The politics of food safety

Dodgy food has always made people sick (hideous drunken takeaway memories, anyone?), yet as science progresses we are becoming more intolerant of food that causes serious illness. Less and less contact with dirt and animals, and an obsession with cleanliness must be contributing to compromised immune systems and allergies somewhere along the line. Close to 100 million people a year are sickened by food in the US, of these only 5,000 people die. Yet there is a desire to drive this number to zero, using ever more extreme measures that ironically may threaten local food systems where they have been almost no problems.

Ever since the spinach industry was shut down in 2006 – after 200 people were seriously sickened and five died from E.coli that they contracted from bagged spinach – the threat of unreasonable requirements on produce growers, particularly growers for local markets who have never had food safety problems, looms large.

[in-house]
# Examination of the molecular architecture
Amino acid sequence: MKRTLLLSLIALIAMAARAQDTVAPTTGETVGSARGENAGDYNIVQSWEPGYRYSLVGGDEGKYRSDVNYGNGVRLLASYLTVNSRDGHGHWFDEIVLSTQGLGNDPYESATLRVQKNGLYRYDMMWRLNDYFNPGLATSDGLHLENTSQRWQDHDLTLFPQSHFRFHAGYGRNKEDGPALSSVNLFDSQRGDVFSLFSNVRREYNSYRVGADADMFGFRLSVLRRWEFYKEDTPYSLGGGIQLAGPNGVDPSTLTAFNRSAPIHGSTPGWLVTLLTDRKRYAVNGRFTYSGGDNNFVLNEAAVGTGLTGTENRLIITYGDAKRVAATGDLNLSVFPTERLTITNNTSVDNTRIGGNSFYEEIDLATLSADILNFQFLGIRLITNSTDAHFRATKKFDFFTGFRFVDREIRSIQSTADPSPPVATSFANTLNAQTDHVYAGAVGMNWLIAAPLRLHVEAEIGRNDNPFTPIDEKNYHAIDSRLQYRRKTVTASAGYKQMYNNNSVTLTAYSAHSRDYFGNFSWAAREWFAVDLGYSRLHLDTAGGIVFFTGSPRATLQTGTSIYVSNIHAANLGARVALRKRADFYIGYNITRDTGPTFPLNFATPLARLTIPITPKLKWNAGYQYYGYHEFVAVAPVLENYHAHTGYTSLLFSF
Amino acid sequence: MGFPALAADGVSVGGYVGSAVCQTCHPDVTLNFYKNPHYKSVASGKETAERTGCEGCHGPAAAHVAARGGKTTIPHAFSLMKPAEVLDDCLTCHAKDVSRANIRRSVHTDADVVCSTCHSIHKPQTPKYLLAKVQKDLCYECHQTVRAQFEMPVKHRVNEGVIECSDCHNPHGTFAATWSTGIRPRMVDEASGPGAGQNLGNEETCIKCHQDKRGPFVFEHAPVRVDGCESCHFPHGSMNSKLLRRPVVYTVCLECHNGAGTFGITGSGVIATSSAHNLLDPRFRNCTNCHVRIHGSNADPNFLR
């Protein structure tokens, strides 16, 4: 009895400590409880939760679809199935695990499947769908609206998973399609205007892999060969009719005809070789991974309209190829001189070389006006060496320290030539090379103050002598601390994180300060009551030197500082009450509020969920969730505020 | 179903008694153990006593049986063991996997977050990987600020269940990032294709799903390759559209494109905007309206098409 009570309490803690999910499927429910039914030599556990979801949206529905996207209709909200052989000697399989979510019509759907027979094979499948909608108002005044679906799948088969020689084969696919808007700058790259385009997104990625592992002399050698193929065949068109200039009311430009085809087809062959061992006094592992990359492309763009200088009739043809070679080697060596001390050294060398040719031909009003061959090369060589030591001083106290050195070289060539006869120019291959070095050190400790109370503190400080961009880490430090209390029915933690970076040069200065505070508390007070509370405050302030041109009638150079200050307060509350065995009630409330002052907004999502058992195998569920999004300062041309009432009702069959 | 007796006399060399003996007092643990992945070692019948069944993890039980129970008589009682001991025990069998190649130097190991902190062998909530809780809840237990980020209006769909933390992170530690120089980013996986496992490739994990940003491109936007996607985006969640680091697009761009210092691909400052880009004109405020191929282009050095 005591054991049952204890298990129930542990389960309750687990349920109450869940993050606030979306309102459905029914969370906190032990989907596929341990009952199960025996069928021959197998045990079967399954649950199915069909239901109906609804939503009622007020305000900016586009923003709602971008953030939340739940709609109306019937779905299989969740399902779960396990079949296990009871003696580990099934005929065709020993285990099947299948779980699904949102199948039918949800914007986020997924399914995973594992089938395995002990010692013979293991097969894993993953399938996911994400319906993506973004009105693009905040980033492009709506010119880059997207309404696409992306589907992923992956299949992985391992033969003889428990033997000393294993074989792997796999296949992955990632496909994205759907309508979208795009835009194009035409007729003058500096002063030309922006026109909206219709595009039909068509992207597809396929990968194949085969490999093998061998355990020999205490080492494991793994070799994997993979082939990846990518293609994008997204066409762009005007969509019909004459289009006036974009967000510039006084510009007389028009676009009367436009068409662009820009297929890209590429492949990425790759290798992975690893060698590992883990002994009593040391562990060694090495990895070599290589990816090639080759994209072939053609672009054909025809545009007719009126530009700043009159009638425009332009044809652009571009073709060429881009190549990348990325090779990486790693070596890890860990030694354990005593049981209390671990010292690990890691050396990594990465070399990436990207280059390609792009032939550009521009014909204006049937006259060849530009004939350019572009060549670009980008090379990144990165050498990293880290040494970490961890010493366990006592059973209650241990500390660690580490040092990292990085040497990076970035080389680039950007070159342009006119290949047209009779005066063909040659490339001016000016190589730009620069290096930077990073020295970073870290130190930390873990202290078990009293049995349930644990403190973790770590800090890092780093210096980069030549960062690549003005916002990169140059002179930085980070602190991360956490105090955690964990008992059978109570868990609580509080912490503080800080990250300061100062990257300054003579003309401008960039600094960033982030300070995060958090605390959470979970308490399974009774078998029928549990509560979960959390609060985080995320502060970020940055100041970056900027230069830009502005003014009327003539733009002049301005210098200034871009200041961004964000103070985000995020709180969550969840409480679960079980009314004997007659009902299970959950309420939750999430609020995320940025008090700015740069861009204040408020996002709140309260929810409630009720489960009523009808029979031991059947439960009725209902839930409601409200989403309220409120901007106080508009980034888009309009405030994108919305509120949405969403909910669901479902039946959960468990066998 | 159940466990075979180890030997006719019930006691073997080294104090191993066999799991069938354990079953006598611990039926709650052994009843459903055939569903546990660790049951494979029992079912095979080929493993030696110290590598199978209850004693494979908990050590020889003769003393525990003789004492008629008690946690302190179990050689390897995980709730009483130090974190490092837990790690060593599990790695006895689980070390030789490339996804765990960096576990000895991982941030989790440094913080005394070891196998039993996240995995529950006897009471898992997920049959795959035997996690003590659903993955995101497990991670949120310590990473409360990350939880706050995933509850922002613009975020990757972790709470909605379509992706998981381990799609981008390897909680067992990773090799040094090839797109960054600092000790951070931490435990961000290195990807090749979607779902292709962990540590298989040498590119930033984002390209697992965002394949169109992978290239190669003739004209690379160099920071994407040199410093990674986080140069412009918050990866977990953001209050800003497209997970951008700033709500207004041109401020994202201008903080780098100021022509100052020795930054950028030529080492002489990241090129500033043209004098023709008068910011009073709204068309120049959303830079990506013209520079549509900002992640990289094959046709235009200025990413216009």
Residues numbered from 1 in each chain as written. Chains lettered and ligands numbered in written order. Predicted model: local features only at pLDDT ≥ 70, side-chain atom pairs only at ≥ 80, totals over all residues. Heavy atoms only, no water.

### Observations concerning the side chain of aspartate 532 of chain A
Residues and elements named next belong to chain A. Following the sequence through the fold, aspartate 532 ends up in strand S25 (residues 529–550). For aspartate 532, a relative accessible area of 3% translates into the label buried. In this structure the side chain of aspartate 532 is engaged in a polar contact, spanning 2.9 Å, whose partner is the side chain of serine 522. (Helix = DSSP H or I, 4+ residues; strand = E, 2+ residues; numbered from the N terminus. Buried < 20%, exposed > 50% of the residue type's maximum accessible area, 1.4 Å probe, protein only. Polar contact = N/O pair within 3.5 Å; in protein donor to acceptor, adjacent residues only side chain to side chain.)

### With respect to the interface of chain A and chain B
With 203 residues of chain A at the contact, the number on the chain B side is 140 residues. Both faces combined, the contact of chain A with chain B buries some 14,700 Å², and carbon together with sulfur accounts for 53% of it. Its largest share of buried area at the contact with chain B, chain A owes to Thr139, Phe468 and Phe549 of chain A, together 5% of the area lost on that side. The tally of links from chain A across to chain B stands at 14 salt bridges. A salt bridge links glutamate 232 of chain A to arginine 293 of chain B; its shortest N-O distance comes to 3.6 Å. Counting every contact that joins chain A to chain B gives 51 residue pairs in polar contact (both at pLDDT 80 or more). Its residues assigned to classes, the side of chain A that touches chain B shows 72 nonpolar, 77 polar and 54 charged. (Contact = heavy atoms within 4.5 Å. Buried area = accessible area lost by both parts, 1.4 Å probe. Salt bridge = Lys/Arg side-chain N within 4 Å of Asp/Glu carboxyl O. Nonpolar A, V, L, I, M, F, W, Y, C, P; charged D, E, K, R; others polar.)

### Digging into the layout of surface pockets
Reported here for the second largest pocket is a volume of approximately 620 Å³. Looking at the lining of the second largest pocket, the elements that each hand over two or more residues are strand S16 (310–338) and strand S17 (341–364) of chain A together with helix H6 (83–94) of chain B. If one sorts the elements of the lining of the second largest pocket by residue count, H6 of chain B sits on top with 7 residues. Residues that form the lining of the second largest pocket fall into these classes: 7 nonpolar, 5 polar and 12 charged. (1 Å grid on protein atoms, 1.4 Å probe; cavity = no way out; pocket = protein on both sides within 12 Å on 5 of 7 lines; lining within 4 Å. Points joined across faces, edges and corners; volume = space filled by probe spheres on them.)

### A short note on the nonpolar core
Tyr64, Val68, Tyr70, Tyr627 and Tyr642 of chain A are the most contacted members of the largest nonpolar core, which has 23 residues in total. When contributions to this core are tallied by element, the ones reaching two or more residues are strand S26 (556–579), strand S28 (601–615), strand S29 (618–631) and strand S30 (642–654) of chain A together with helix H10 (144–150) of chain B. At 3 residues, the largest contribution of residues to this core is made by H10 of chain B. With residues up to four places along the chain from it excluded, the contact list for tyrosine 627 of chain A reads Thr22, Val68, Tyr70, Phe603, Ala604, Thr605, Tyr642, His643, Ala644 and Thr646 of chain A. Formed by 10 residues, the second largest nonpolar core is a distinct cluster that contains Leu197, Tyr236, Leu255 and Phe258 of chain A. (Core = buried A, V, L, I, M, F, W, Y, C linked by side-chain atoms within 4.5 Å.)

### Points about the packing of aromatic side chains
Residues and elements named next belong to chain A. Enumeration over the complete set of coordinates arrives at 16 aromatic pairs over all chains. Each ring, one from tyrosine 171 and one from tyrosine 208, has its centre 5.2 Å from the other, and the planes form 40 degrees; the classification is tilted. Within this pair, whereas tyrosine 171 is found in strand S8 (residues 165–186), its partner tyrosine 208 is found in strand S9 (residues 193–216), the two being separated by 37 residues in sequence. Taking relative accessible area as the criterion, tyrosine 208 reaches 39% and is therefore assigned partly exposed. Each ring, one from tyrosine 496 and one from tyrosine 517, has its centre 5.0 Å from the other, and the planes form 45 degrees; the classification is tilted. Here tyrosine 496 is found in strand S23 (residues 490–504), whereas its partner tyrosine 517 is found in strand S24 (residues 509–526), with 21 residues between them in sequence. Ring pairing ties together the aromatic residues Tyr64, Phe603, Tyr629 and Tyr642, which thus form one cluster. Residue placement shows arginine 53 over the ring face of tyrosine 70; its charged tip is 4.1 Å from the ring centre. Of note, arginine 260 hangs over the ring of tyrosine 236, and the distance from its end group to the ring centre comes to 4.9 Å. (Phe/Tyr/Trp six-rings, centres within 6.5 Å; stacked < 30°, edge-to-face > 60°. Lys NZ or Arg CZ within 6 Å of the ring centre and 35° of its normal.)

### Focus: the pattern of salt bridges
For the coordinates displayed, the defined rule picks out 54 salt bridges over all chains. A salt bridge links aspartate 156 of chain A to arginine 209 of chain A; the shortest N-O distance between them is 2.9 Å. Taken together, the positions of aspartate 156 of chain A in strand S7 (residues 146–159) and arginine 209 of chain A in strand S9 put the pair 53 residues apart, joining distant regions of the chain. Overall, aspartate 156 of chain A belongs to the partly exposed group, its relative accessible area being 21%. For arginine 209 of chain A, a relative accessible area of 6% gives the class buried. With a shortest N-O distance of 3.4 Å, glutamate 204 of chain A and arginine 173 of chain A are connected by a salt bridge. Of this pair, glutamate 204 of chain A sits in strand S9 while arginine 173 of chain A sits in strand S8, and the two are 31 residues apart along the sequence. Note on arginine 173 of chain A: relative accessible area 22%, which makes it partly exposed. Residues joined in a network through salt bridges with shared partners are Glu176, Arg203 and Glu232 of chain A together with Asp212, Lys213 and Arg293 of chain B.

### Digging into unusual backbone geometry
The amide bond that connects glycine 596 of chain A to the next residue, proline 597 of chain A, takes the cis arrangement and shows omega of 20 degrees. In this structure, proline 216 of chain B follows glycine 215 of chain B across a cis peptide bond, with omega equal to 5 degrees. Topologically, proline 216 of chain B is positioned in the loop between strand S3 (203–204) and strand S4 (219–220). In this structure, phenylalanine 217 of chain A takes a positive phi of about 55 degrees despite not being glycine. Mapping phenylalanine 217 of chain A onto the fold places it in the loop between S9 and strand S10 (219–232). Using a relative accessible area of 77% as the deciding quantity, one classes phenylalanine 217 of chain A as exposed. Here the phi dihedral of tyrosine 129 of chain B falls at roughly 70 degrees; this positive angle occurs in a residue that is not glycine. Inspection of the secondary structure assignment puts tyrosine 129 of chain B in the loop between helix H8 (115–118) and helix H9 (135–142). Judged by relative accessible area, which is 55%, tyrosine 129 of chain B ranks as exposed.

There are now several federal government food safety regulatory processes underway that could impose drastic, sterile farming practices everywhere. This is of particular concern to the small-scale farmer who already struggles with the regulatory burden placed upon him. Instead of scrutiny here perhaps more attention should be focused on our increasingly industrialised and globalised food system, where we consume more processed foods and more foods from distant regions.

Grist, has an interesting series running at the moment looking at some of these issues, and delving into the politics in depth. CAFF is also a good resource for those interested.

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One Response to The politics of food safety

  1. Bob Blaylock says:

      It’s rather hard to come by meat that hasn’t been in contact with animals; or with vegetables that haven’t been in contact with dirt.

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